NetApp Auto Aggregate Volume Evacuation With PowerShell

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Have you ever had to perform a large number of vol moves in order to evacuate or decommission an aggregate? This week I had to evacuate about 50+ volumes from an aggregate that is being decommissioned. Instead of typing out the vol move command 50+ times I decided to automate it with Powershell.

If you have performed a large number of vol move before, you will know that ONTAP has a limit on the maximum number of vol moves you can perform at any one time. This is to prevent your system from running into any i/o or throughput performance issues that could cause your production workloads to suffer.

We are going to break down the script in sections so I can explain what each part does, what you need to change for your environment and a few other variables that you can optionally change. The script is available from my Github page by clicking here.

The requirements for this script are PowerShell and the NetApp PowerShell Toolkit (As of this blog post, toolkit 9.6 is the latest version)

NetApp Auto Aggregate Evacuation Script

This first part checks to see if the DataOntap PowerShell module is loaded. If it isn’t, then it will load the module

The second part prompts you to enter in your NetApp storage credentials and saves them into a variable

Next, we have created a function to connect to the NetApp storage cluster. We use the credentials variable created above for authentication.

This next part is a function that grabs the number of vol moves currently in-progress on the system. It outputs the volume name, destination aggregate, and percent complete. It also provides a counter number that is used in the script later on.

Here we connect to the NetApp storage cluster by executing the function ‘connect-netapp’. The reason why I put the NetApp connection in a function is to make the script neater.  Within larger scripts where you might need to connect to multiple NetApp clusters, I find it’s easier to reference a function. Lastly, if you need to make a change to the connection, you only need to make the change in the function, you don’t need to search through the script looking for each connection line.

Now we have the source aggregate we wish to evacuate from and the destination aggregate we wish to vol move to. Change these to suit your environment.

The below command will get a list of volumes on the ‘source aggregate’ excluding any volume with the name ‘root’ in it. This is in case you have root load-sharing mirrors setup.

This next part is the bread and butter of the script. The main loops.

First up we are going to start cycling through each volume within the variable $listofvols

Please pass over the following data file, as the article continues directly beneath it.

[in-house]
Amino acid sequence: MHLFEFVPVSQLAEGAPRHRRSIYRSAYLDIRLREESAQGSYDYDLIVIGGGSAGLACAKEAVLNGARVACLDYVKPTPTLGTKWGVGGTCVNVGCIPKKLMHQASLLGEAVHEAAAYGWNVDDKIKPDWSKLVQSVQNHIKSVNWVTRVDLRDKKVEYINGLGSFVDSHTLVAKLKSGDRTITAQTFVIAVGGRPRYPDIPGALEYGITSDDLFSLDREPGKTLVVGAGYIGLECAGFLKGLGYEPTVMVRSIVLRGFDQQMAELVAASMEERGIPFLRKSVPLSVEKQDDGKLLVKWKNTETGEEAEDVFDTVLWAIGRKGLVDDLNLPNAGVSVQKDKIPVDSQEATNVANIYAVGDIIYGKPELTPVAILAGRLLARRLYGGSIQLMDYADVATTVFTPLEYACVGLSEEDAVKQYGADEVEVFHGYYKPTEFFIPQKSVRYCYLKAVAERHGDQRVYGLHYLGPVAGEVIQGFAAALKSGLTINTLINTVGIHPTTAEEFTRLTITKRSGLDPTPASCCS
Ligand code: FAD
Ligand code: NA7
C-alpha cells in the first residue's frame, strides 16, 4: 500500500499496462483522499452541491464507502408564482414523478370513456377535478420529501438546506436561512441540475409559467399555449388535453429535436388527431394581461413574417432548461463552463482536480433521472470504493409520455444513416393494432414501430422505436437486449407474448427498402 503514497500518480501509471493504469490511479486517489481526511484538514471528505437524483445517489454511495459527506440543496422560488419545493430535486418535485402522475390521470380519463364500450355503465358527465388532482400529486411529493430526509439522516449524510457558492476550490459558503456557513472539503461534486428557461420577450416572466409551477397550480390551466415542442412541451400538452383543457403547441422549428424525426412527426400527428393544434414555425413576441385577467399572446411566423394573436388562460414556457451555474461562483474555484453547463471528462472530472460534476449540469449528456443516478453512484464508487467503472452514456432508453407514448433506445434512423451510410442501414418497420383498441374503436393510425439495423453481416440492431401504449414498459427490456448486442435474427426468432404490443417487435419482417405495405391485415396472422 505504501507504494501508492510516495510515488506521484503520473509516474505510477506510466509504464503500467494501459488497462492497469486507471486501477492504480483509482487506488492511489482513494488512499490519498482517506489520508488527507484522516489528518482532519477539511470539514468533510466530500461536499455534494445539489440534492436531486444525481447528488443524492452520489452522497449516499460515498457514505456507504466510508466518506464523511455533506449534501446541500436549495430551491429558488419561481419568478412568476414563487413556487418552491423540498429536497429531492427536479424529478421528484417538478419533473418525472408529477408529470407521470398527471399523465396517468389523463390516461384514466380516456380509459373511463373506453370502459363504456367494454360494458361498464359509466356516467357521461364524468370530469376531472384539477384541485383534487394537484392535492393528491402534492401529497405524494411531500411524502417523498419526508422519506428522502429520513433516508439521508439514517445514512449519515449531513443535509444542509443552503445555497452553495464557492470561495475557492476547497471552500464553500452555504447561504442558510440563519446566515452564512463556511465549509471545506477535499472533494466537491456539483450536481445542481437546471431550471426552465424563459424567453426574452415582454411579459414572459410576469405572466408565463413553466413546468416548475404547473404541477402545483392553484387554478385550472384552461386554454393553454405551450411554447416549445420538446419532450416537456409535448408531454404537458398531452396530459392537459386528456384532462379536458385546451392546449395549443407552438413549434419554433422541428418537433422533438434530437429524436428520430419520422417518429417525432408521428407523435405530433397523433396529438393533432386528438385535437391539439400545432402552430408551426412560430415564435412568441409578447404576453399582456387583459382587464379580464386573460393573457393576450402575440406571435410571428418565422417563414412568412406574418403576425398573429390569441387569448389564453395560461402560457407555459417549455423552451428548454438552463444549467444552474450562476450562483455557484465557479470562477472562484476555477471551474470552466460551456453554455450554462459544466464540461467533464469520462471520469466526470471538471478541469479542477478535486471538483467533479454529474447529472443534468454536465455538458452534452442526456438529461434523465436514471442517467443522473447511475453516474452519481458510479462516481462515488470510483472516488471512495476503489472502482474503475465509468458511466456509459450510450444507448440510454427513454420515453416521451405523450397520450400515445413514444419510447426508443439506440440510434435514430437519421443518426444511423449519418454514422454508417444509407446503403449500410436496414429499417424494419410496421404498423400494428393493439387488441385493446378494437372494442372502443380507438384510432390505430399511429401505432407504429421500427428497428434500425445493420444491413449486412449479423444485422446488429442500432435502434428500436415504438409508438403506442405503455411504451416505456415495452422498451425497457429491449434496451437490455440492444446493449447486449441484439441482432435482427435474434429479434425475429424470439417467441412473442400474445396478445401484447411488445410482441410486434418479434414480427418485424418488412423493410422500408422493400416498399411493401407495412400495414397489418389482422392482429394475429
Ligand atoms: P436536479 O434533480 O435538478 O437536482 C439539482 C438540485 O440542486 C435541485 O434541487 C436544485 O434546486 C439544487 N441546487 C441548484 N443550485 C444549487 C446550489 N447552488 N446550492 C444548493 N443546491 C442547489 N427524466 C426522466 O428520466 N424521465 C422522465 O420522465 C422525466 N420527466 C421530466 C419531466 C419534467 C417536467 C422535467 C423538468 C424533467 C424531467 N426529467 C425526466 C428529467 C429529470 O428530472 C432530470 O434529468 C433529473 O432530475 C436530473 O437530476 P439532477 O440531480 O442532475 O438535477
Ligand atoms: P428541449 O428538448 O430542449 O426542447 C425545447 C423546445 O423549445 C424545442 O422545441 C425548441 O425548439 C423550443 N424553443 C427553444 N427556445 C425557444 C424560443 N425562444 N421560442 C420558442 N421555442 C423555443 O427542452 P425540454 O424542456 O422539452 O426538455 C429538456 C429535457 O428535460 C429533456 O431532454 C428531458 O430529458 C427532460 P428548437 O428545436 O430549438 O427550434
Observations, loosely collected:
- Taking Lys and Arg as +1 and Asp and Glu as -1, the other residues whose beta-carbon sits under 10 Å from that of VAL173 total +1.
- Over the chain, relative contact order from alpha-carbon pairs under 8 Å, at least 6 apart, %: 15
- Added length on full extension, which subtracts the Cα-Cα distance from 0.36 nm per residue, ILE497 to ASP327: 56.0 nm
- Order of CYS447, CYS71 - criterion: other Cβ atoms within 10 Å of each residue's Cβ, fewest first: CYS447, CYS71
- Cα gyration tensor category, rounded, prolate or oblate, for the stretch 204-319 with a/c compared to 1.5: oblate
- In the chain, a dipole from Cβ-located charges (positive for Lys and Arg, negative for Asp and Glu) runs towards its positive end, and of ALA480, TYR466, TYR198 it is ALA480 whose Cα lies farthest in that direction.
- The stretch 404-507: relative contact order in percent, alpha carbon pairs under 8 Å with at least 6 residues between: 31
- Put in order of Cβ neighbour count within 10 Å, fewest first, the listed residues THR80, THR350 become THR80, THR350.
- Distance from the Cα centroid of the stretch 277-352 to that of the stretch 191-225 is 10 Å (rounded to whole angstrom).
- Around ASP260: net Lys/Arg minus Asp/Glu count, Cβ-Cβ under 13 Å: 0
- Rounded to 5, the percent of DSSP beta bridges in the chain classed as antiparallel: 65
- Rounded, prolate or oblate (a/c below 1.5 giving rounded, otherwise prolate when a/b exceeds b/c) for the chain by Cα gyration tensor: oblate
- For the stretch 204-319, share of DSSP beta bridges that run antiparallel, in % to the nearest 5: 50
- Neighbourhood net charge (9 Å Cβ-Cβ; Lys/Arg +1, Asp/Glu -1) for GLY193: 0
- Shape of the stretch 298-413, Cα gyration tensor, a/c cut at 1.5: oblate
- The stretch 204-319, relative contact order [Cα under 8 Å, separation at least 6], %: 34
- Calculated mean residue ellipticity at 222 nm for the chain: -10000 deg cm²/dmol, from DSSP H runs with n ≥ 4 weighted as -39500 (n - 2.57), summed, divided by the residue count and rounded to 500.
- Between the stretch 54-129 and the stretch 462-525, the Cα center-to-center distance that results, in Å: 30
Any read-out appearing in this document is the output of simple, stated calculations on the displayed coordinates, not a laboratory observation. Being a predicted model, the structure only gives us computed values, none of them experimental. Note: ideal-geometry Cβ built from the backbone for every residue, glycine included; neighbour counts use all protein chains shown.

I then get the latest ‘show vol move’ list with the command ‘Get-NcVolMove’ and look specifically for the volume we are currently working on in the loop. This is placed into the variable $volmovematch.

Now we call the function ‘getvolmoves’. The function will execute and provide a list of current vol moves in-progress as well as save the number of in-progress vol moves within the $counter variable.

Next we have a condition. If the vol move $counter is greater than or equal to 4, we are going to wait 10 mins and execute the getvolmoves function again. At the next run, if the vol move counter is still equal to or greater than 4, the script will repeat the 10min wait.

If the $volmovematch is empty, meaning that the volume to be moved is not in the list of current volume moves, then a vol move is triggered. BUT.. only if the $counter is less than 4.

NetApp Auto Aggregate Evacuation Script Screenshots

In this example, I need to migrate 8 CIFS volumes within my NetApp Ontap 9.6 simulator. The 8 volumes will be moving from source aggregate aggr1_CLUSTER96_01_data to destination aggregate aggr1_CLUSTER96_01_data

NetApp Auto Aggregate Evacuation

I use Windows PowerShell ISE to load and execute the script. In the screenshot below you can see that the script starts the vol moves for the first 4 volumes. It then realizes that there are 4 vol moves currently in place,  it pauses for 5 mins before checking again.

NetApp Auto Aggregate Evacuation

After 5 minutes the script checks the status of the vol moves again. It realizes that there are still 4 vol moves in progress and sleeps for an additional 5 minutes. In the output, you can see the progress of the current vol moves.

NetApp Auto Aggregate Evacuation

In this next screenshot, notice that the last sleep time was at 15:11. At the next check, you can see that the vol move counter is set to 0. This means there are no vol moves in progress. Therefore, the script starts the remaining 4 vol moves. Since there are no more volumes to be moved, the script ends.

NetApp Auto Aggregate Evacuation

If we check back in our NetApp System Manager, we can see that all our CIFS volumes have moved to aggregate ‘aggr2_CLUSTER96_01_data ‘

NetApp Auto Aggregate Evacuation

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